The trial run at the new Vehicle Processing Centre at the Port of Nanaimo was a success.

Ian Marr, Chief Executive Officer said the vehicle carrier Tranquil Ace, from Germany, docked at the Port and delivered a couple hundred Mercedes Benz cars.

“They are driven off individually by longshore labour, then they go into a lot and get processed and then put on various different vehicles and moved around to wherever they happen to be going.”

It’s been almost a year since the Port of Nanaimo announced the partnership between Western Stevedoring and the Auto Division of SSA Marine to set up a 60,000 square foot facility near the waterfront to do final detailing on European automobiles prior to their delivery to B.C. dealerships for sale.

It’s expected the activity at the facility will be ramping up in early April with a full shipment of vehicles and employ around 100 people to do the work involved.

There will be a grand opening celebration of of the vehicle processing centre in early April.

The vehicle processing centre test run wasn’t the only big news at the Port of Nanaimo recently.

There was a two-day salvage operation that resulted in the raising of the Samantha J tugboat that sank in the channel between Gabriola Island and Duke Point in October of 2014 while towing a wood chip barge.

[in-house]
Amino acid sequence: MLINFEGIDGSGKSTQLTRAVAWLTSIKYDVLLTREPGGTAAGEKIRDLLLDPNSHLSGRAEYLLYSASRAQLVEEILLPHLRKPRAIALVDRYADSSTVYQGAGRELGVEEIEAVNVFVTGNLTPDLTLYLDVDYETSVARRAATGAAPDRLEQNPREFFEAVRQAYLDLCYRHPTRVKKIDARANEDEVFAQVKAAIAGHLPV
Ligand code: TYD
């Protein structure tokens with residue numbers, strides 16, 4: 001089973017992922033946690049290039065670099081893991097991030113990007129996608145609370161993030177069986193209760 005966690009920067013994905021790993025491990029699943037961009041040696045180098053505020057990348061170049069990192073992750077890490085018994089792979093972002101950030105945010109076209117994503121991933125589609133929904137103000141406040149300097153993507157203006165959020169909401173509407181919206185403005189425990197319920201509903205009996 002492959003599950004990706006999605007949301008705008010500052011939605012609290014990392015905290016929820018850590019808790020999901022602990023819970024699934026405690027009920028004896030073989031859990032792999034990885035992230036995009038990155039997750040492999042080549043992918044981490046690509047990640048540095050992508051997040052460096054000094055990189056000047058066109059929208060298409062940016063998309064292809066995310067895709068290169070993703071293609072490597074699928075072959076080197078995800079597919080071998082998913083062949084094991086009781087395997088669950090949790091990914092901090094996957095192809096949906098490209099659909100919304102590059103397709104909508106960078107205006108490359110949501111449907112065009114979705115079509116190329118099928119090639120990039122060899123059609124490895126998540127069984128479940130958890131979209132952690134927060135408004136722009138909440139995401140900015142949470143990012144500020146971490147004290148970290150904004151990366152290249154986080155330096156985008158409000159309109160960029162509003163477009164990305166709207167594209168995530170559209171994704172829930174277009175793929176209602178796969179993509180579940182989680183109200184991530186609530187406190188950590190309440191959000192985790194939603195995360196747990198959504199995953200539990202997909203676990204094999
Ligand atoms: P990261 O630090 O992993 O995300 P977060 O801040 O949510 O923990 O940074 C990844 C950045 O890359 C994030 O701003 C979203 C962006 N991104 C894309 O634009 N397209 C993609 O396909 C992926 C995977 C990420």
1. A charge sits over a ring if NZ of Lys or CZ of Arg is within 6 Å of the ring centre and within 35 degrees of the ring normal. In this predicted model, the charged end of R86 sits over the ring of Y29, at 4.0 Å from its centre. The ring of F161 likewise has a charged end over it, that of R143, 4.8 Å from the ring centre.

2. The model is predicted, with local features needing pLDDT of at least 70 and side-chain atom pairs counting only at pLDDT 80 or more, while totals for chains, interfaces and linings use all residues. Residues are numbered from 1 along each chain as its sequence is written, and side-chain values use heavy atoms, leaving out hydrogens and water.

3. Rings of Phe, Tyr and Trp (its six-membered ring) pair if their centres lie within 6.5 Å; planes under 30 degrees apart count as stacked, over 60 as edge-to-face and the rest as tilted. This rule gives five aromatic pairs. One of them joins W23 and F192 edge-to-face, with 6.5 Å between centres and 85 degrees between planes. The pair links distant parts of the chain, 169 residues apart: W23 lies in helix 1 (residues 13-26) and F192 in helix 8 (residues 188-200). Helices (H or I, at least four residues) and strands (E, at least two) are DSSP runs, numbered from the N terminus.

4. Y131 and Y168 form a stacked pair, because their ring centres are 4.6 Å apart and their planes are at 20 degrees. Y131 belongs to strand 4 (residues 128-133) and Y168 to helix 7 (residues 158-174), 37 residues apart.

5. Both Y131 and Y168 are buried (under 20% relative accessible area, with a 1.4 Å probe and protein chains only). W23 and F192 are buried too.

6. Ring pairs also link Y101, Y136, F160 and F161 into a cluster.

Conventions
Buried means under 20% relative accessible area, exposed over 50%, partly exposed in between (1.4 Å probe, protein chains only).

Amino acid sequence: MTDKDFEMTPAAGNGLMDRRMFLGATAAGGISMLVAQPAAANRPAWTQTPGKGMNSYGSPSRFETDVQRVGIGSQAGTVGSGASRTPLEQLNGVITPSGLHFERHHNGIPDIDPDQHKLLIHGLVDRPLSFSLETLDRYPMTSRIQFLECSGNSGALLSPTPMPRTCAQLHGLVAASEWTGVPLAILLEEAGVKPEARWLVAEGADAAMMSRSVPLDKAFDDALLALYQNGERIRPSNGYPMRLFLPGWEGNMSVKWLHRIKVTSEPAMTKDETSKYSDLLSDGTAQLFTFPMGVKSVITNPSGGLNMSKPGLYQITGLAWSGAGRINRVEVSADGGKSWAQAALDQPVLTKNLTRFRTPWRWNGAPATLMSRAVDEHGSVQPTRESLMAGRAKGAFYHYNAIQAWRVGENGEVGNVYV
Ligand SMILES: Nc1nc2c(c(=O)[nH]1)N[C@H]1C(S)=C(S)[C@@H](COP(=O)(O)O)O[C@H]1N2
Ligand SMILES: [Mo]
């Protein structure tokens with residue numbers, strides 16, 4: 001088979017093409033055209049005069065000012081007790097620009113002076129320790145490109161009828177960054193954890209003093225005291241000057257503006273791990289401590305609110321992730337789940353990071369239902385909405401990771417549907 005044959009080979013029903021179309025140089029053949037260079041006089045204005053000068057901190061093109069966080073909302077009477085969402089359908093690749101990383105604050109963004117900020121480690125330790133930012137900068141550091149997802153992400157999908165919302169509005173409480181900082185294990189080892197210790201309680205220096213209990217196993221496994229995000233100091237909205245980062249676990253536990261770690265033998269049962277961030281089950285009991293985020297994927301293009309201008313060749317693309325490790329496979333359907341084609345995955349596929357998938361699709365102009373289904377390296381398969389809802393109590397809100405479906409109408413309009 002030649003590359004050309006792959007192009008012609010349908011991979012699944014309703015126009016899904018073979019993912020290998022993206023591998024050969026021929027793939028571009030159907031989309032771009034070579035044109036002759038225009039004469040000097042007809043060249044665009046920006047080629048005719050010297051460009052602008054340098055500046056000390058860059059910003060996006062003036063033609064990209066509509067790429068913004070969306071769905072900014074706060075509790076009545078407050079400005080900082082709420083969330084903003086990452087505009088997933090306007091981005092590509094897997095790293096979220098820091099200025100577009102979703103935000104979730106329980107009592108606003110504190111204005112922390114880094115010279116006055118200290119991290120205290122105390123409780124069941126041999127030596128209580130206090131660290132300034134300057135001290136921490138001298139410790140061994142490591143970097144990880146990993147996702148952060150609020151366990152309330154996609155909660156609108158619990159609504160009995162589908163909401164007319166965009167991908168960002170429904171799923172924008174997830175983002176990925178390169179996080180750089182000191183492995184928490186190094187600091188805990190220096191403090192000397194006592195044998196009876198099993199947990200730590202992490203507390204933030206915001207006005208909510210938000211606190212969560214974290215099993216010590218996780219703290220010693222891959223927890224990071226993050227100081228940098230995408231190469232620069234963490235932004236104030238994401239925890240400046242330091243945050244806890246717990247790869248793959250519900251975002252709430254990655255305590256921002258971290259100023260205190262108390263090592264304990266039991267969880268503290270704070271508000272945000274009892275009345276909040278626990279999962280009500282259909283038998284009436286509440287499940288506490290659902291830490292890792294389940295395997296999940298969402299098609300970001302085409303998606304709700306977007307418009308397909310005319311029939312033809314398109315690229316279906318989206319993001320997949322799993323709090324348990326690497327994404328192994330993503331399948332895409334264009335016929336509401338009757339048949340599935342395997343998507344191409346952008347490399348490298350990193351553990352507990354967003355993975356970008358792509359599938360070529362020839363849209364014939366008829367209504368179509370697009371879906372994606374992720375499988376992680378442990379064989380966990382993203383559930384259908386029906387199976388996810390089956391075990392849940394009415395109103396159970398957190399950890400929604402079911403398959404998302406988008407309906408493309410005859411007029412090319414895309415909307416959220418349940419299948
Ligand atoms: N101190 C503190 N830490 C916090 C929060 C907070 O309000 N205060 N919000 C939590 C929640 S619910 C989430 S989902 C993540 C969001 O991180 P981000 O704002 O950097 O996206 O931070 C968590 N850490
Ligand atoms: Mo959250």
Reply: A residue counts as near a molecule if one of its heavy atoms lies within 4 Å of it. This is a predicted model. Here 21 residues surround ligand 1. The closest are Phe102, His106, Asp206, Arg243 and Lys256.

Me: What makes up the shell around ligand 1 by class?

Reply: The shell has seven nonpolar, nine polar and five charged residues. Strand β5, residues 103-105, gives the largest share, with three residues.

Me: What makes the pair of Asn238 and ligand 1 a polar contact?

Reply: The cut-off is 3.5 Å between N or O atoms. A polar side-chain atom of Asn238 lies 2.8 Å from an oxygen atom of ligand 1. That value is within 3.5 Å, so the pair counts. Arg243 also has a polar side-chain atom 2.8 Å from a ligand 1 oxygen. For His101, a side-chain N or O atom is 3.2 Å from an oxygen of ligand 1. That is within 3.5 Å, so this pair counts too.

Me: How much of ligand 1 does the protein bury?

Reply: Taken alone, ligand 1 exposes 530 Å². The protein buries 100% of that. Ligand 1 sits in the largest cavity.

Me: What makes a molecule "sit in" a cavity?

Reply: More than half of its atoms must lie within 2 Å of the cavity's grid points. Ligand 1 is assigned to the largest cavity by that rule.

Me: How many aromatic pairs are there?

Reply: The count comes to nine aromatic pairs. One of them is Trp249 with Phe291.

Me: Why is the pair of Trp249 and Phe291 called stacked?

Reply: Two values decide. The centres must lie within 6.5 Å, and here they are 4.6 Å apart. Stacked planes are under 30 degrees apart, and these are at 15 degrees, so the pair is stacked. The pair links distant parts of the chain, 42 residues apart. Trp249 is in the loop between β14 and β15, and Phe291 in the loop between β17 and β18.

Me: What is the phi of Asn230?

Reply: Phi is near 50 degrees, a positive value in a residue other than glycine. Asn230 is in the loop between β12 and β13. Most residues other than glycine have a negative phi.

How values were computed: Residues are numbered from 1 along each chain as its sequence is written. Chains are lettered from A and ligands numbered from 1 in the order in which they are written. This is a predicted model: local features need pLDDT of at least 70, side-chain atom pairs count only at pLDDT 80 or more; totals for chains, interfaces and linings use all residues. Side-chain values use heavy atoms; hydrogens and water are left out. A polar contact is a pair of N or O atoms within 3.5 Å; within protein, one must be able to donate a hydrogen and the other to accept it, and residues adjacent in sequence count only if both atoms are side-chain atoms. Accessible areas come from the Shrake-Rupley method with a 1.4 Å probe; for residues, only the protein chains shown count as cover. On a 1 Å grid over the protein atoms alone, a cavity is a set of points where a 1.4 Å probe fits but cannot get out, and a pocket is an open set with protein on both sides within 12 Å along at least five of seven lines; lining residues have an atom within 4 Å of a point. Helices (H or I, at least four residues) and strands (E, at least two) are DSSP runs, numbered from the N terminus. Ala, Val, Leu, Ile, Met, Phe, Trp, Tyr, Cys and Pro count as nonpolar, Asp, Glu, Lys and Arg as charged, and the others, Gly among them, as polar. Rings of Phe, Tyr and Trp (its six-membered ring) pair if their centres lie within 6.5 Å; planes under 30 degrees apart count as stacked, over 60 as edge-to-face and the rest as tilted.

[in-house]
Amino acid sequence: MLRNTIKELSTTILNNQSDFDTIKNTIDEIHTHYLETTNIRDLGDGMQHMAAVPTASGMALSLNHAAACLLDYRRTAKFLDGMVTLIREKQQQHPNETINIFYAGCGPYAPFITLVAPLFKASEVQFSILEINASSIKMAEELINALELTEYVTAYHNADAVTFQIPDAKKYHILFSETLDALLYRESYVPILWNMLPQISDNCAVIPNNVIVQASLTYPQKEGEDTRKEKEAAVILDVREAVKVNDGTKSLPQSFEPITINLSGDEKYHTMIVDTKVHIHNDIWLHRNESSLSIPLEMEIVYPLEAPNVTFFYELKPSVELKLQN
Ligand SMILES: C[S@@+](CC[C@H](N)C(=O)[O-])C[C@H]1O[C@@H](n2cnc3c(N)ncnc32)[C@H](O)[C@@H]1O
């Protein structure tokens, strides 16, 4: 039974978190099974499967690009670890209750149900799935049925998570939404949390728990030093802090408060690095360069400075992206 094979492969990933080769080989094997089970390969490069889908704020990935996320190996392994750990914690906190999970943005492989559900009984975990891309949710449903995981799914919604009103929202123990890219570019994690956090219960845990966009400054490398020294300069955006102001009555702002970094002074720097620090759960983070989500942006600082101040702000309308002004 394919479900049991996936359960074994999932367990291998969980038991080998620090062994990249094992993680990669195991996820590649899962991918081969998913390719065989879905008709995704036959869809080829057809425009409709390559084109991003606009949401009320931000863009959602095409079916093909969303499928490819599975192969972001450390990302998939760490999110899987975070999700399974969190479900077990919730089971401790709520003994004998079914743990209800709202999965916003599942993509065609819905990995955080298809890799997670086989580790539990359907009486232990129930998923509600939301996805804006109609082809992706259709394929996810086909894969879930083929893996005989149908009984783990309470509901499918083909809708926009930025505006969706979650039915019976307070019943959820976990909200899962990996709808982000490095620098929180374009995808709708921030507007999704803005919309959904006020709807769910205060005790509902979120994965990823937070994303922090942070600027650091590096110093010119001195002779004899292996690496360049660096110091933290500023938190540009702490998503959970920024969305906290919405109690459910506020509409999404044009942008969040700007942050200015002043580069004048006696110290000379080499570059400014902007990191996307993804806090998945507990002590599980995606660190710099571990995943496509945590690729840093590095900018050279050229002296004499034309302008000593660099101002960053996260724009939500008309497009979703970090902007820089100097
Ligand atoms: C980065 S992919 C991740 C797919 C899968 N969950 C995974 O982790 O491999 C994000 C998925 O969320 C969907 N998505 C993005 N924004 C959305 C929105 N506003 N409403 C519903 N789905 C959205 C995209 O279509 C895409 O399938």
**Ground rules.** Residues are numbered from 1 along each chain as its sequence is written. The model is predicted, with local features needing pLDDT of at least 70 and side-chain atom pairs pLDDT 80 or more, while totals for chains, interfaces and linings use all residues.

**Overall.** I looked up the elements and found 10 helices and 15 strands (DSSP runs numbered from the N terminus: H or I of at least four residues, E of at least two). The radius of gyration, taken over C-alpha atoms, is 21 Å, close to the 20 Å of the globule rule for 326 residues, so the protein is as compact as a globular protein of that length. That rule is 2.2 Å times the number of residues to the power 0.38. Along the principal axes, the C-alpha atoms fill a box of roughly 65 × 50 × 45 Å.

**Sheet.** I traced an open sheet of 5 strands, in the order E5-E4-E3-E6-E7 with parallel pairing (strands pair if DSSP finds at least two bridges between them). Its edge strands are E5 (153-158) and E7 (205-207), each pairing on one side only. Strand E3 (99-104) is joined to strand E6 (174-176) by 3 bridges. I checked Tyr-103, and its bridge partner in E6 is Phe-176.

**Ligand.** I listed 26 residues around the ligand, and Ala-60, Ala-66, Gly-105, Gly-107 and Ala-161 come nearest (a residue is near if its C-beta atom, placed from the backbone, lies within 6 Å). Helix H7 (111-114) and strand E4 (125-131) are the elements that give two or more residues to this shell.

Marr said the tug was deemed to be an operational hazard and it meant the anchorage couldn’t be used.

“We did finally get it moved and get it out of there. We are able to use that anchorage again. It was unusable during that period which was something like four years.”

Marr said the supervised anchorage can take larger ships and the space was badly needed.

While the Port of Nanaimo is rejoicing at having another anchorage in the inventory, the people on Gabriola, or at Duke Point may not be so happy.

The Islands Trust has been working for years to draw attention to concerns with the use of the Gulf Islands for anchorages.

Problems cited include noise and light from the ships along with concerns about the anchor dragging along the bottom of the ocean.